This is the second post about "Changing Base without Losing Space." The main result of the paper is, if I am allowed to say it, rather amazing:

On a binary computer, you can represent a vector of N decimal digits using ⌈N·logOf course, this works for any alphabet Σ; decimal digits are just an example._{2}10⌉ bits, and support reading/writing any digit in constant time.

Unlike the prefix-free coding from last time, this may never find a practical application. However, one can hardly imagine a more fundamental problem than representing a vector on a binary computer --- this statement that could have been discovered in 1950 or in 2050 :) Somebody characterized our paper as "required reading for computer scientists." (In fact, if you teach Math-for-CS courses, I would certainly encourage you to teach this kind of result for its entertainment value.)

To understand the solution, let's think back of the table for prefix-free coding from last time:

Here is the reasoning process behind the first few operations:- I have two symbols from alphabet
*B*+1. I need an output alphabet of B, so let's split them into a letter from*B*, and whatever is left (in particular, a letter from*B*+3). - I have a letter from
*B*+3. Can I combine it with another letter to make something close to a power of 2? Yes, I should use a letter from alphabet*B*-3, since (*B*+3)(*B*-3) is close to*B*^{2}. - How can I get a letter from
*B*-3? Take the next two input symbols, and split them into a letter from*B*-3, and whatever is left (in particular, a letter from*B*+6).

*X*(not a power of two). We can store it in binary without loss of space, if we have another, unrelated, symbol to code (an

*information carrier*). In a picture:

If I want to output

*M*bits (*M*≫lg*X*), I have to combine the symbol from*X*with a symbol from*Y*=⌊2^{M}/*X*⌋. The loss of entropy will be lg(*Y*+1) - lg*Y*= O(1/*Y*), since the floor function could convert*Y*+0.9999 into*Y*.Now I have to get a symbol from

*Y*. This is possible if my information carrier came from some alphabet*T*≫*Y*. Then, I can break it into a symbol from*Y*, and one from*Z*=⌈*T*/*Y*⌉. Again, the entropy loss is lg*Z*- lg(*Z*-1)=O(1/*Z*), since the ceiling can convert*Z*-0.9999 into*Z*.To balance the losses, set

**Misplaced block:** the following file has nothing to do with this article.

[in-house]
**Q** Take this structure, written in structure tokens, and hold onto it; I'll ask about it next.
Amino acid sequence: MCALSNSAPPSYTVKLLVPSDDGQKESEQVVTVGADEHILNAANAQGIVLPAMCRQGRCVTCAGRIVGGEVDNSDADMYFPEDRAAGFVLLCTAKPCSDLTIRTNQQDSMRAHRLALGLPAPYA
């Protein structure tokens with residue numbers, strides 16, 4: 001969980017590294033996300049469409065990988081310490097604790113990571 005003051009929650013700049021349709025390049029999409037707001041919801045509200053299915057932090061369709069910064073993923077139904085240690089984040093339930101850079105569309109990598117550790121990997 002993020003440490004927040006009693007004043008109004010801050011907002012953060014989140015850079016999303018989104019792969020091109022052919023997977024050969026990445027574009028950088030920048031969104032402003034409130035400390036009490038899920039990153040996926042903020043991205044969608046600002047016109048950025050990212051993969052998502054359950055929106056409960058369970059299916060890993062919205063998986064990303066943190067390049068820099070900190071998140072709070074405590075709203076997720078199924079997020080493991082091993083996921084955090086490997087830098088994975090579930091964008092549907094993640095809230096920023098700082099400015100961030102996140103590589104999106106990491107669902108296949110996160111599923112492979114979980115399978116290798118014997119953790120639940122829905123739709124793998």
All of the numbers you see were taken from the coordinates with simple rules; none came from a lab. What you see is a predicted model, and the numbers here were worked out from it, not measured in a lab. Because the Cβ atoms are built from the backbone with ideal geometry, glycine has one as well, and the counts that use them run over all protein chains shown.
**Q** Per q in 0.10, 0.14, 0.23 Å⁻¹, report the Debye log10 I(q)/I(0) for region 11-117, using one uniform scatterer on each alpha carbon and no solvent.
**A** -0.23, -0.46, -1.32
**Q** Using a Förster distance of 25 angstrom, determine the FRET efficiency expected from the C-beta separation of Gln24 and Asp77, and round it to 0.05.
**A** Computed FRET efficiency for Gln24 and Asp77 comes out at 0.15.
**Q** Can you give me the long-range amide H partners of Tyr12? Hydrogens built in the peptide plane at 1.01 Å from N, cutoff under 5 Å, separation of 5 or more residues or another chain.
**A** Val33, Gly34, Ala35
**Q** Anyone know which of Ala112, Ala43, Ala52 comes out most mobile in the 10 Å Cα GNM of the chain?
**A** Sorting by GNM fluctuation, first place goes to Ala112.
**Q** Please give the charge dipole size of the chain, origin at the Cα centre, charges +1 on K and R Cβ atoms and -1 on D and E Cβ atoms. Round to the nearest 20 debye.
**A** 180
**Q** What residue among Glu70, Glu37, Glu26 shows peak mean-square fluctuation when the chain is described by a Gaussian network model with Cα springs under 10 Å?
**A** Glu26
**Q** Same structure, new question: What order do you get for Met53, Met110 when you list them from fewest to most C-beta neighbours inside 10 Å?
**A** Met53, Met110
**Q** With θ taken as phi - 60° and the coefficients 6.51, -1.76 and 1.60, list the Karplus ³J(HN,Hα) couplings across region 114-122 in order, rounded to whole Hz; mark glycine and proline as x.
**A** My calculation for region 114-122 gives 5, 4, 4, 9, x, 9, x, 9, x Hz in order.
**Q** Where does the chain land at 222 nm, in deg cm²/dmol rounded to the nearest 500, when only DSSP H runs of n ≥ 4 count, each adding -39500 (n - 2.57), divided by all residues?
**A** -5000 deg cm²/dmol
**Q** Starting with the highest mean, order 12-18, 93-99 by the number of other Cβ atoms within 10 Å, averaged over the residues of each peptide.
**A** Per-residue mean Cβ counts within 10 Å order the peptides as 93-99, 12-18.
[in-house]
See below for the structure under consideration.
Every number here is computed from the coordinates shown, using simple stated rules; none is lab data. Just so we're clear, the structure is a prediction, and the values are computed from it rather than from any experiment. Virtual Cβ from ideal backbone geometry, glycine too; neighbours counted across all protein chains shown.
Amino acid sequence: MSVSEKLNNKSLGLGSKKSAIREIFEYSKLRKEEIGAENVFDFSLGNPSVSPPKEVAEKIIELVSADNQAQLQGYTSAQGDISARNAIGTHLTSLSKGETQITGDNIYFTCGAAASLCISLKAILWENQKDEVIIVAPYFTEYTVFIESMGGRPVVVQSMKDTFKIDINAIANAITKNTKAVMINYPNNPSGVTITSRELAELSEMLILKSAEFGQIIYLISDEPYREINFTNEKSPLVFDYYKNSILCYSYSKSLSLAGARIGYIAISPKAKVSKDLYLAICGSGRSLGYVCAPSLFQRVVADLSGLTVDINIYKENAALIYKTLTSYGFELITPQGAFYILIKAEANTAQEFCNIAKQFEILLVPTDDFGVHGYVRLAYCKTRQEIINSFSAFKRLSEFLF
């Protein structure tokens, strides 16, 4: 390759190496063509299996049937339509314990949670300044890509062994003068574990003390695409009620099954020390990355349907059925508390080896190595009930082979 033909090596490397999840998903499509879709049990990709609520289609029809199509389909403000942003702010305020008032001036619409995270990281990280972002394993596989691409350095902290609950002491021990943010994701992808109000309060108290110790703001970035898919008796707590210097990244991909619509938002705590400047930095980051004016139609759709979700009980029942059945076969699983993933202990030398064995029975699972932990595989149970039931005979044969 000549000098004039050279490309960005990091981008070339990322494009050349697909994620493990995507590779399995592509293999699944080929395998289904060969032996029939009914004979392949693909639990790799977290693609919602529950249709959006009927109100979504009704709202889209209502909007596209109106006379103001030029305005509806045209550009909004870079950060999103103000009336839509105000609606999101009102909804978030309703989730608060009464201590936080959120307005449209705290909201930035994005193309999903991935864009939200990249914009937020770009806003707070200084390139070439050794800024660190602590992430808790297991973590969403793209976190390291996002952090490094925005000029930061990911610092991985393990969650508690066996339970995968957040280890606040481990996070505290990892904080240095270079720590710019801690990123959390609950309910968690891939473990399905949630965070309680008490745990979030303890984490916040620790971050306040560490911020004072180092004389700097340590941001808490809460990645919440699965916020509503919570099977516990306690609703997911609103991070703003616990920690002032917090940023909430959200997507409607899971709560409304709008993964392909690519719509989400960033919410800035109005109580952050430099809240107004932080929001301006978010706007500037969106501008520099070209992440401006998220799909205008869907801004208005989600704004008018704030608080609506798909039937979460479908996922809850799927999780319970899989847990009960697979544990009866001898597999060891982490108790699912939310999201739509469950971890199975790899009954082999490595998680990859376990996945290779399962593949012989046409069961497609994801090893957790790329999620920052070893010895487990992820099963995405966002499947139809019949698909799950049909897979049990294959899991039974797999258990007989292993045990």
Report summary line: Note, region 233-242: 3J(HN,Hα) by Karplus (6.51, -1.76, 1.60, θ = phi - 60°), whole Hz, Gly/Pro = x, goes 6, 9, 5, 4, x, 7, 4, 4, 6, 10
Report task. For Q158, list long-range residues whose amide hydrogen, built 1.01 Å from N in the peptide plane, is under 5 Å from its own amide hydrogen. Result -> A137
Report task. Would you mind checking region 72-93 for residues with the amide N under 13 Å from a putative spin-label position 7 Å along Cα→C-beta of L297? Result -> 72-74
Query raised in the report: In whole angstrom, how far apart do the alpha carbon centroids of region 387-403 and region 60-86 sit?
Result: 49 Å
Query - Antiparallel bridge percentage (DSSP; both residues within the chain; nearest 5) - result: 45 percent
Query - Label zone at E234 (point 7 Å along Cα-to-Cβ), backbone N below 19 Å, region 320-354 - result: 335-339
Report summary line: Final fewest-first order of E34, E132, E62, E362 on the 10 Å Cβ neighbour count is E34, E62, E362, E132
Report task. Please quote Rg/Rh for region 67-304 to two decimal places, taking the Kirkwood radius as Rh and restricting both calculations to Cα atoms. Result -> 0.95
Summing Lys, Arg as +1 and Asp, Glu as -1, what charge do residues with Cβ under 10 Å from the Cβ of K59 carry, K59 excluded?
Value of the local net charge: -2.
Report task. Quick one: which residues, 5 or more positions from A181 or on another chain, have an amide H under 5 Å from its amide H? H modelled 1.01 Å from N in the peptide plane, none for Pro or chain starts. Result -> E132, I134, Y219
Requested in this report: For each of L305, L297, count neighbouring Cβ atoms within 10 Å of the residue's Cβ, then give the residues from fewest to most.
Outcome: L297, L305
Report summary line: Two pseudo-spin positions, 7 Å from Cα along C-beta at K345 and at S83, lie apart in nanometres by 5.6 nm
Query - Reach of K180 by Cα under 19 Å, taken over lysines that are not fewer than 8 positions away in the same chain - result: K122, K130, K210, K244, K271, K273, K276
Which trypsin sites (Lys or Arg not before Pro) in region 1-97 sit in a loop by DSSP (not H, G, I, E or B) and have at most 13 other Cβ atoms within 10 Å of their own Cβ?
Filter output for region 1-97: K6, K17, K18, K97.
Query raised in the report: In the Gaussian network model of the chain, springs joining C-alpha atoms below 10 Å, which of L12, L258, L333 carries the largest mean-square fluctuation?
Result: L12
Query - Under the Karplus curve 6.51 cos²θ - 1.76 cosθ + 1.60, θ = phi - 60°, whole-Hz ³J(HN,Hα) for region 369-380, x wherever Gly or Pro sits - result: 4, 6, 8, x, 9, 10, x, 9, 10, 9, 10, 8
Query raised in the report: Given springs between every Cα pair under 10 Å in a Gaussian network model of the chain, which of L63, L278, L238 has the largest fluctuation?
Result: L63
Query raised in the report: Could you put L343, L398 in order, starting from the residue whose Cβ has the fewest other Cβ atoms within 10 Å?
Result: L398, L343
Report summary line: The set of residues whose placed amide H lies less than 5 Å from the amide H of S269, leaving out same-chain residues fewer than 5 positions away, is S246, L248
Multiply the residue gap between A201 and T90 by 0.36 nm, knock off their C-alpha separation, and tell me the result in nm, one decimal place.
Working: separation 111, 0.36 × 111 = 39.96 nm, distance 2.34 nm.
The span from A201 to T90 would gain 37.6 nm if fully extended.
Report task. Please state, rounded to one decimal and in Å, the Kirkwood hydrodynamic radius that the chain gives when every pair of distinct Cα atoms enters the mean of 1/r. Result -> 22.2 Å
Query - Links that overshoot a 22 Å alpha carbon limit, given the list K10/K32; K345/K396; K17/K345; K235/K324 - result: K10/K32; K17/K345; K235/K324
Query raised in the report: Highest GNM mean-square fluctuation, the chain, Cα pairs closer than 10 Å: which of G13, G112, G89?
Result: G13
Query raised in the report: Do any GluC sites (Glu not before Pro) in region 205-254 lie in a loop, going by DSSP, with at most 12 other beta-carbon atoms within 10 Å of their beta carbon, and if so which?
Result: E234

*Y*≈*Z*≈√*T*. That is, by having a large enough information carrier, I can make the loss negligible. In particular, if I apply the information carrier*N*times, I could set*T*≈*N*^{2}, meaning that I only lose O(1/*N*) bits per application, and only a fraction of a bit overall! (This fraction of a bit will become one entire bit at the end, since I need to write the last symbol in binary.)Thus, in principle, I could encode an array of digits by grouping them into blocks of O(lg

*N*) digits (making*T*=the alphabet of a block be large enough). Then, I can iteratively use one block as the information carrier for the leftover of the previous block (the*Z*value from the previous block). The crucial observation is that, to decode block*i*, we only need to look at memory locations*i*(giving the*Y*component) and*i*+1 (giving the*Z*component). Thus, we have constant time access!The one questionable feature of this scheme is that it requires O(

*N*) precomputed constants, which is cheating. Indeed, the alphabets*Y*and*Z*change chaotically from one iteration to the next (the next*Y*is dictated by the previous*Z*, "filling it" to a power of two). There seems to be no pattern to these values, so I actually need to store them.One can get away with just O(lg

*N*) constants by applying the information carrier idea in a tree fashion. The alphabets will vary from level to level, but are identical on one level by symmetry. See the paper for complete details.I will talk about my second STOC paper ("Towards Polynomial Lower Bounds for Dynamic Problems") after the conference.

## 1 comment:

Mihai, this paper is beautiful. Such a simple solution to such an old problem! Congratulations. I only regret that the symbol $n$ be used with different meanings (bits, blocks, current block number...) sometimes in a same paragraph or a same section. Which makes reading a little less enjoyable. --Sam

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